Denotative language focuses more on logic and appeals to an audience’s knowledge rather than their emotions. Examples of denotative language include such statements as “the facts state” and “as you know.” Denotative language usually revolves more around the textbook definition of a word, rather than what an audience might associate with it.
There are many words that have different connotative and denotative meanings. The word “shrewd” by a dictionary definition means “clever,” but carries with it a negative connotation. Likewise, the word “gay” originally meant “happy,” but modern audiences would latch onto the connotative meaning of “homosexuality.”
Connotative language likely differs between audiences, so this acts as another aspect of “knowing your audience.” For example, one audience may associate “liberal” with something negative, while another may associate the word with something positive. Keeping certain trigger words—or the connotative words that will produce an extreme reaction—in mind will help you understand what words to avoid or use for different audiences.
Even words like pronouns can have a profound effect. For example, using “I” less often expresses confidence, as the speaker seems to feel less need to refer to him- or herself to prove a point. Conversely, using “I” more often makes an individual seem more open, since the speaker is perceived as expressing deeply-held personal opinions. For further reading on this subject, check out James W. Pennebaker’s The Secret Life of Pronouns.
Once you have these three elements in mind, it’s time to decide how to make your argument. There are three different rhetorical appeals—or methods of argument—that you can take to persuade an audience: logos, ethos, and pathos.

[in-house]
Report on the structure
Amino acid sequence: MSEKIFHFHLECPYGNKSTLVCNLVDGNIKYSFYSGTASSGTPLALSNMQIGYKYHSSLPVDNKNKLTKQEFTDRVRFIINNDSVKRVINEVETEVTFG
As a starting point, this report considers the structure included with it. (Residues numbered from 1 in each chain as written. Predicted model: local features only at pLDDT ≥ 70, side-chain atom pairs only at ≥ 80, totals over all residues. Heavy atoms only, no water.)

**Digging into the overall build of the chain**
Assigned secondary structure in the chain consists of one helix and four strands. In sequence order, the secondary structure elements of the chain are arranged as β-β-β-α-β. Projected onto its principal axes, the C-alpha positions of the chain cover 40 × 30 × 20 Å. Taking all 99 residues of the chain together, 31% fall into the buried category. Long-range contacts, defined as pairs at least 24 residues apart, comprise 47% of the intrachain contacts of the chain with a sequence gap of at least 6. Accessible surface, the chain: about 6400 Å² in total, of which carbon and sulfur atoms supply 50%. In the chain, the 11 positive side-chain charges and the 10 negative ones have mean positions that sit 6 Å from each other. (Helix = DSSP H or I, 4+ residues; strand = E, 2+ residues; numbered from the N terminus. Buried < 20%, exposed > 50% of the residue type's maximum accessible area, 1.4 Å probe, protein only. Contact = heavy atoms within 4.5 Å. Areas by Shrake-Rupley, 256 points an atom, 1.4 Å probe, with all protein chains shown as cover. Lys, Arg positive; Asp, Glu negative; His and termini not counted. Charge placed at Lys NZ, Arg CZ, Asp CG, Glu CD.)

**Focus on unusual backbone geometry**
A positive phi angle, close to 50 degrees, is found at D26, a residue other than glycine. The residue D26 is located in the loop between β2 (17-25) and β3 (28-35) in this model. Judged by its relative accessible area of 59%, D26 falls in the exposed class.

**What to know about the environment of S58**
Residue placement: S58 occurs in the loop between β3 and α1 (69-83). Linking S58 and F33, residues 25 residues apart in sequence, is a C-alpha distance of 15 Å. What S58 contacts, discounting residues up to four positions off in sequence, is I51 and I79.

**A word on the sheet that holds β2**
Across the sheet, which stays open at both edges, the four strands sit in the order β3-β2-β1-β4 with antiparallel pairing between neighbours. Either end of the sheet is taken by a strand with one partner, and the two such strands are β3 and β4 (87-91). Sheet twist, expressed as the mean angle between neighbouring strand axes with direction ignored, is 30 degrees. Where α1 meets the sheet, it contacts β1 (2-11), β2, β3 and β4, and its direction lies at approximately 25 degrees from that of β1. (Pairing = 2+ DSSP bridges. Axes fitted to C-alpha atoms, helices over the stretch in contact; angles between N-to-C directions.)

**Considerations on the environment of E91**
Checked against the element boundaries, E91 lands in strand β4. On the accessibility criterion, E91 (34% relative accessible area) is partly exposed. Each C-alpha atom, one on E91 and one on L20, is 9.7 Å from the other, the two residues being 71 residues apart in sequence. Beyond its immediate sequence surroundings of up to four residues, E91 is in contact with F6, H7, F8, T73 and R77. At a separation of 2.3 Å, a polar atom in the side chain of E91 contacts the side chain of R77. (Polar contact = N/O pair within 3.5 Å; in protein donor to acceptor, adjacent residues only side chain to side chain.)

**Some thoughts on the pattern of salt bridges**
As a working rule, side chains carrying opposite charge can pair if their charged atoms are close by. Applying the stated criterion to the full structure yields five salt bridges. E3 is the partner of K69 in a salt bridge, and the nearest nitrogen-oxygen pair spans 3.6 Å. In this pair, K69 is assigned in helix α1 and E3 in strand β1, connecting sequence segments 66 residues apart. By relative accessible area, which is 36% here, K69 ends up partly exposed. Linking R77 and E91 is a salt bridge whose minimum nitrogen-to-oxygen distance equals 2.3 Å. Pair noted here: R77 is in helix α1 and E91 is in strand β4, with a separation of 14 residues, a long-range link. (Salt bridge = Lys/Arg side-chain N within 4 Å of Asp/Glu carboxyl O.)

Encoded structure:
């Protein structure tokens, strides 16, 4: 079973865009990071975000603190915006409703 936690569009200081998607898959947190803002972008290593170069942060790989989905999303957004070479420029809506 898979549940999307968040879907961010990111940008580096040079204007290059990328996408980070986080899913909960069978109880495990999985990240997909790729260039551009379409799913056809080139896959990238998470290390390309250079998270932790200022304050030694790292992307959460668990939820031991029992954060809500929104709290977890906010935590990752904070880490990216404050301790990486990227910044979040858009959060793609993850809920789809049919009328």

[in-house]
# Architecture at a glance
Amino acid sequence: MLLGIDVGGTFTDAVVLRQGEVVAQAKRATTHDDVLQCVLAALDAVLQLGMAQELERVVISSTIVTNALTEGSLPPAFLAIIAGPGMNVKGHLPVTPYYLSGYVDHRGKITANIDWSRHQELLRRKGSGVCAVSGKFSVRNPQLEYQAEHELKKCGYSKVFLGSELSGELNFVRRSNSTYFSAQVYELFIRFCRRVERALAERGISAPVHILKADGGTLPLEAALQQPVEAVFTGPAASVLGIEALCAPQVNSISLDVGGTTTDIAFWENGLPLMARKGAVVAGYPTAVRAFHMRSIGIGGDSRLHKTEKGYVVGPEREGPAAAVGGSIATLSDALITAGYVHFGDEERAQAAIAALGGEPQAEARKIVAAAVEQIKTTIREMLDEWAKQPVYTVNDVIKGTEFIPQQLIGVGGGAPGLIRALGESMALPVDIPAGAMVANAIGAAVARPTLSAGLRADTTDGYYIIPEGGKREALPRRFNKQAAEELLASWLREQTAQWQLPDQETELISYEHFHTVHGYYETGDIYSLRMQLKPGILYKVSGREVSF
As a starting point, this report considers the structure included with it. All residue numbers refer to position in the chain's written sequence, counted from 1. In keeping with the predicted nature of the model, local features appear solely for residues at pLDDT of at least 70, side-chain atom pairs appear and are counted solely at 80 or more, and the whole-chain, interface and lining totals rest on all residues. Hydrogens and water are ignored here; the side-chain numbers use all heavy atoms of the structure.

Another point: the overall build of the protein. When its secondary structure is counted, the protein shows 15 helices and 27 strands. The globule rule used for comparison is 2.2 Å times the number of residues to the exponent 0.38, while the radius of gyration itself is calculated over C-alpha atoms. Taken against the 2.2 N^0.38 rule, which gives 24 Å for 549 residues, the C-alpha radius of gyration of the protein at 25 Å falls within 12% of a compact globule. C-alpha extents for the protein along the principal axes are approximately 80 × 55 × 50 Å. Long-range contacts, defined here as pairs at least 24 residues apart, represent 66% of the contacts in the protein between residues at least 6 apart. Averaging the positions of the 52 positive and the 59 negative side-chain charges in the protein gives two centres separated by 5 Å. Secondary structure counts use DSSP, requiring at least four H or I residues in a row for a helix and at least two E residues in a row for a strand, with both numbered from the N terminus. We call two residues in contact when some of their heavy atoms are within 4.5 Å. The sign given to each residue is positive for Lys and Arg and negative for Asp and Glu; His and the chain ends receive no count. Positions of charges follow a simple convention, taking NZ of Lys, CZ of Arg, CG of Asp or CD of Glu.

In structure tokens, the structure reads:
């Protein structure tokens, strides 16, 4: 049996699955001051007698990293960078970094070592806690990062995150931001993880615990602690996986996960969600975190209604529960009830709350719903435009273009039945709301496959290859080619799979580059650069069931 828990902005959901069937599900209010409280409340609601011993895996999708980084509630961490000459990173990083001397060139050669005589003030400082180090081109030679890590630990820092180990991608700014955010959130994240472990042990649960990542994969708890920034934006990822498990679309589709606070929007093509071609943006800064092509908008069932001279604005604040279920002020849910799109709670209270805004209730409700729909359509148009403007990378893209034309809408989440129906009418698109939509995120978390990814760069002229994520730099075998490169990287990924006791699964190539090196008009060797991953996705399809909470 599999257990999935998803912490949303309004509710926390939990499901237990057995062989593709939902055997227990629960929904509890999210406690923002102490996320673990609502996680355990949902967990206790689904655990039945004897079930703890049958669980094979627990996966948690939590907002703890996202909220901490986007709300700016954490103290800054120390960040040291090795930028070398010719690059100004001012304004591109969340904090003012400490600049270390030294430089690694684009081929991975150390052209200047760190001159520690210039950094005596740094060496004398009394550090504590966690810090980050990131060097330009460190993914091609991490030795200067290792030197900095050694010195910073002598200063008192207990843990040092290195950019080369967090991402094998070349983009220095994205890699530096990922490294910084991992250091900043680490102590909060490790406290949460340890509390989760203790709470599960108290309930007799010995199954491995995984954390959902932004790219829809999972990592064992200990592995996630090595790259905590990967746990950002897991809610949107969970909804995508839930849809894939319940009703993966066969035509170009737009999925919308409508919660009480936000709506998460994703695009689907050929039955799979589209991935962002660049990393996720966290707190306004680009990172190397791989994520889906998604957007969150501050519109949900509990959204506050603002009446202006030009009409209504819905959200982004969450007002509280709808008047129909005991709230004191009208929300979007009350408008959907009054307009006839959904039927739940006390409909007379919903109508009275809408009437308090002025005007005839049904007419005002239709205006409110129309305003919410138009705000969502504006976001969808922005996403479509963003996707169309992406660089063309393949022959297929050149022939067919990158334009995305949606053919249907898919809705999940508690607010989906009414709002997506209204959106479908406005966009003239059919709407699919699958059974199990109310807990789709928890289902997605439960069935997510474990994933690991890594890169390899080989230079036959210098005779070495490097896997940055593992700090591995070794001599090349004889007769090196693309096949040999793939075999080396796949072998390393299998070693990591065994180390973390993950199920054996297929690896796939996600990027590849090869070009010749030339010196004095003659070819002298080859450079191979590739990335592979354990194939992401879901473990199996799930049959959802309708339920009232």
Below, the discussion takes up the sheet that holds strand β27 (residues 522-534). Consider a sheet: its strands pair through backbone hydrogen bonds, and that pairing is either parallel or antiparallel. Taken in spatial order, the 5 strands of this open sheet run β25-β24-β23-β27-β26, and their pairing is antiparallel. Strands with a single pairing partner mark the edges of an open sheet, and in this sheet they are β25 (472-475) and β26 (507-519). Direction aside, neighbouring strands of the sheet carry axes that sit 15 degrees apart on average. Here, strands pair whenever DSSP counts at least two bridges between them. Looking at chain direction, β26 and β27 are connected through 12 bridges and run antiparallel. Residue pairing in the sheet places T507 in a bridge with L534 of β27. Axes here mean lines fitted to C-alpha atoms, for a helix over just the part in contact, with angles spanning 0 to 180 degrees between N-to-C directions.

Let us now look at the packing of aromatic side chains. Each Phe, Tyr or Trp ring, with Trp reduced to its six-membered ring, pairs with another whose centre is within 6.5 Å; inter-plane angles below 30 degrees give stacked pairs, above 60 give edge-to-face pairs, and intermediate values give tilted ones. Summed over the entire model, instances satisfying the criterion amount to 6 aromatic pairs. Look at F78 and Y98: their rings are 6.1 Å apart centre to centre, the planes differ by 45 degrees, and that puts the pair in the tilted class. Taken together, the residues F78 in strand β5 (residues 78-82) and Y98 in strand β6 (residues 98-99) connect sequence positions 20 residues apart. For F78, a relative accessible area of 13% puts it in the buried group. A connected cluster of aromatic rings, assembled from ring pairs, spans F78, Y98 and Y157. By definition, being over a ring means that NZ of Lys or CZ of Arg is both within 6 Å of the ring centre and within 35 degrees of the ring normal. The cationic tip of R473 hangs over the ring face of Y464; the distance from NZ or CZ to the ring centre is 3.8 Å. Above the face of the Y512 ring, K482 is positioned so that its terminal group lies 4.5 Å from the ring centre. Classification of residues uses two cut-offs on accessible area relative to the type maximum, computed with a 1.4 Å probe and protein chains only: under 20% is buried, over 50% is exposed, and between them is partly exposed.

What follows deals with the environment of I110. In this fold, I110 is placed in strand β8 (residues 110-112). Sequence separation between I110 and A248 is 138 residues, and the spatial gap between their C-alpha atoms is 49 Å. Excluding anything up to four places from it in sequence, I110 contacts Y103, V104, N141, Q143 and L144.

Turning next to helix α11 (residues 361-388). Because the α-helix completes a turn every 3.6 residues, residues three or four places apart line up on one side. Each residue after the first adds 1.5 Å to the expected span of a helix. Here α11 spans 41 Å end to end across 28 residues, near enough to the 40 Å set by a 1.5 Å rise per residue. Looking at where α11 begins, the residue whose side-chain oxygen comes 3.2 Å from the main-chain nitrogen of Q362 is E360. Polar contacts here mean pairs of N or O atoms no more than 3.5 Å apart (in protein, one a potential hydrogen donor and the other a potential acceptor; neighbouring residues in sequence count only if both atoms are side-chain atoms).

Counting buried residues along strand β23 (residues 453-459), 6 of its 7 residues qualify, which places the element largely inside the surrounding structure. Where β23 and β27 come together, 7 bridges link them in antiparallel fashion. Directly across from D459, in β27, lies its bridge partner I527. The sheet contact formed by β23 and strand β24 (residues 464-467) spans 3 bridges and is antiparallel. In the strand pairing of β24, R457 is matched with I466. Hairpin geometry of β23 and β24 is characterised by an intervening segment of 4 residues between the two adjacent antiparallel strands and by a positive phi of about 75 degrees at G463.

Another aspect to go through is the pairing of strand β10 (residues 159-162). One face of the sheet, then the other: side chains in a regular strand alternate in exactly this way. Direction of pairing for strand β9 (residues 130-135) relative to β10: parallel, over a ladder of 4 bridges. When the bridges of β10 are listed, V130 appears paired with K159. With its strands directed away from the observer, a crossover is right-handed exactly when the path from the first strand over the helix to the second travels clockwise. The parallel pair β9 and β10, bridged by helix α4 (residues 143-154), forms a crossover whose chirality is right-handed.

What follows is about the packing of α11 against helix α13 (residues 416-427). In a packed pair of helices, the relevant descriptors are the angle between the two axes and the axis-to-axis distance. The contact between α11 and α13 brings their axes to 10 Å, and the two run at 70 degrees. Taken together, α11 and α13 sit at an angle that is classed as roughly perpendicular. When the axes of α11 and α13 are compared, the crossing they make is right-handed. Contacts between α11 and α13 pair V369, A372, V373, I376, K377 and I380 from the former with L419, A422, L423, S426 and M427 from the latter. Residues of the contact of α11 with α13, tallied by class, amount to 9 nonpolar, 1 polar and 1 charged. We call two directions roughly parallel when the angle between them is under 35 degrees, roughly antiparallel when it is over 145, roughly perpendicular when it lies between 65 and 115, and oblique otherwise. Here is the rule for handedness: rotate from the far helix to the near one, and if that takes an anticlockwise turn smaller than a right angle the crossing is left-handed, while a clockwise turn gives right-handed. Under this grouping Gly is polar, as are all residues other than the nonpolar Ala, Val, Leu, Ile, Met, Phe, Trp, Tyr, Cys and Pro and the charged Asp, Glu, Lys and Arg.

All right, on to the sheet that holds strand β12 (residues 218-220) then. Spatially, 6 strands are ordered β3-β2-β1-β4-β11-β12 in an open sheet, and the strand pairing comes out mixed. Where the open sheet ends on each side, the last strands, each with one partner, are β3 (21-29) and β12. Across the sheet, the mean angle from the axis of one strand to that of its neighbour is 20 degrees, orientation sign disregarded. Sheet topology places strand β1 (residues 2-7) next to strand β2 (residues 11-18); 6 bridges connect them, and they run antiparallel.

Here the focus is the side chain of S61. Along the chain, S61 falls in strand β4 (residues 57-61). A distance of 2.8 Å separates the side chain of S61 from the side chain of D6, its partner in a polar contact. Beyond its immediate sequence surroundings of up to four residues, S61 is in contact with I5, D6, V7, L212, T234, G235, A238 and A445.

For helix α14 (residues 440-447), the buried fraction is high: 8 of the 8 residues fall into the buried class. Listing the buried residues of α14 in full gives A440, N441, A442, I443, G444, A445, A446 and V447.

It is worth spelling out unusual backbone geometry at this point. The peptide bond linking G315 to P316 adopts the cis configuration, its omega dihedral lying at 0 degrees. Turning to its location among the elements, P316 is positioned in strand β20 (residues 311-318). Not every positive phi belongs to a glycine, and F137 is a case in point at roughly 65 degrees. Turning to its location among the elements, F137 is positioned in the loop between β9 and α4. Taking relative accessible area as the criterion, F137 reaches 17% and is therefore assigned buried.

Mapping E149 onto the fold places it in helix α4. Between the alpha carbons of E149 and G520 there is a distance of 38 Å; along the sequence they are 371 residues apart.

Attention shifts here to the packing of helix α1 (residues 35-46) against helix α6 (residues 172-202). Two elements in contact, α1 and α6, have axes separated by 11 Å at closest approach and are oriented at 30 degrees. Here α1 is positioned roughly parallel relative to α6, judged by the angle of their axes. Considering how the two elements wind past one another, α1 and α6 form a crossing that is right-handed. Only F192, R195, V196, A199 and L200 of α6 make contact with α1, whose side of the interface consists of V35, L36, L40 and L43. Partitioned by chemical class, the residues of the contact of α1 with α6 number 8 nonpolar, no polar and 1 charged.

Logos is most simply known as an argument from logic. In essence, you’re taking a subject and giving the reasons why a certain position is positive or negative from the point of view of the facts.
Arguments from logic aren’t necessarily restricted to the subjects you’d expect, such as math or science, but can appear just as easily in such subjects as morality or public relations. Environmental concerns use this method quite frequently when they compare energy-efficient methods like solar power with fossil fuels.
Take an example from the movie Captain America: Civil War. While many methods are applied throughout to debate whether or not to sign the Sokovia Accords, logos is used when the heroes are reminded that, whatever their intent, collateral damage was caused and, therefore, some measure of control should likely be exercised over the group. The character Vision uses it specifically when relating the increase of gifted individuals to increased damage (see video above).
Let’s take a scenario and examine how you might argue it from a logical perspective. You are discussing a book series with your friend and wish to convince him that the stories have merit. To argue from logos, you might start by giving him statistics on how many books have sold and then point out the lingering popularity in pop culture. If a story has managed to stick around so long in the public mind, there has to be something in it that people find interesting, and that might be enough of a reason to take a look.
Ethos is, like the name suggests, an argument from ethics. Generally speaking, making an argument from ethos requires showing you have good will for your audience, though it can also mean that you’re using your own credibility to show why you have authority to speak on a topic.
Arguments from ethos pop up all the time with political campaigns. For example, in one of the Republican political debates in 2015, Senator Rubio states, “I’m not new to the political process; I was making a contribution as the speaker of the third largest and most diverse state in the country well before I even got into the Senate.” Here, Rubio is using his previous experience to help support his bid for the presidential candidacy.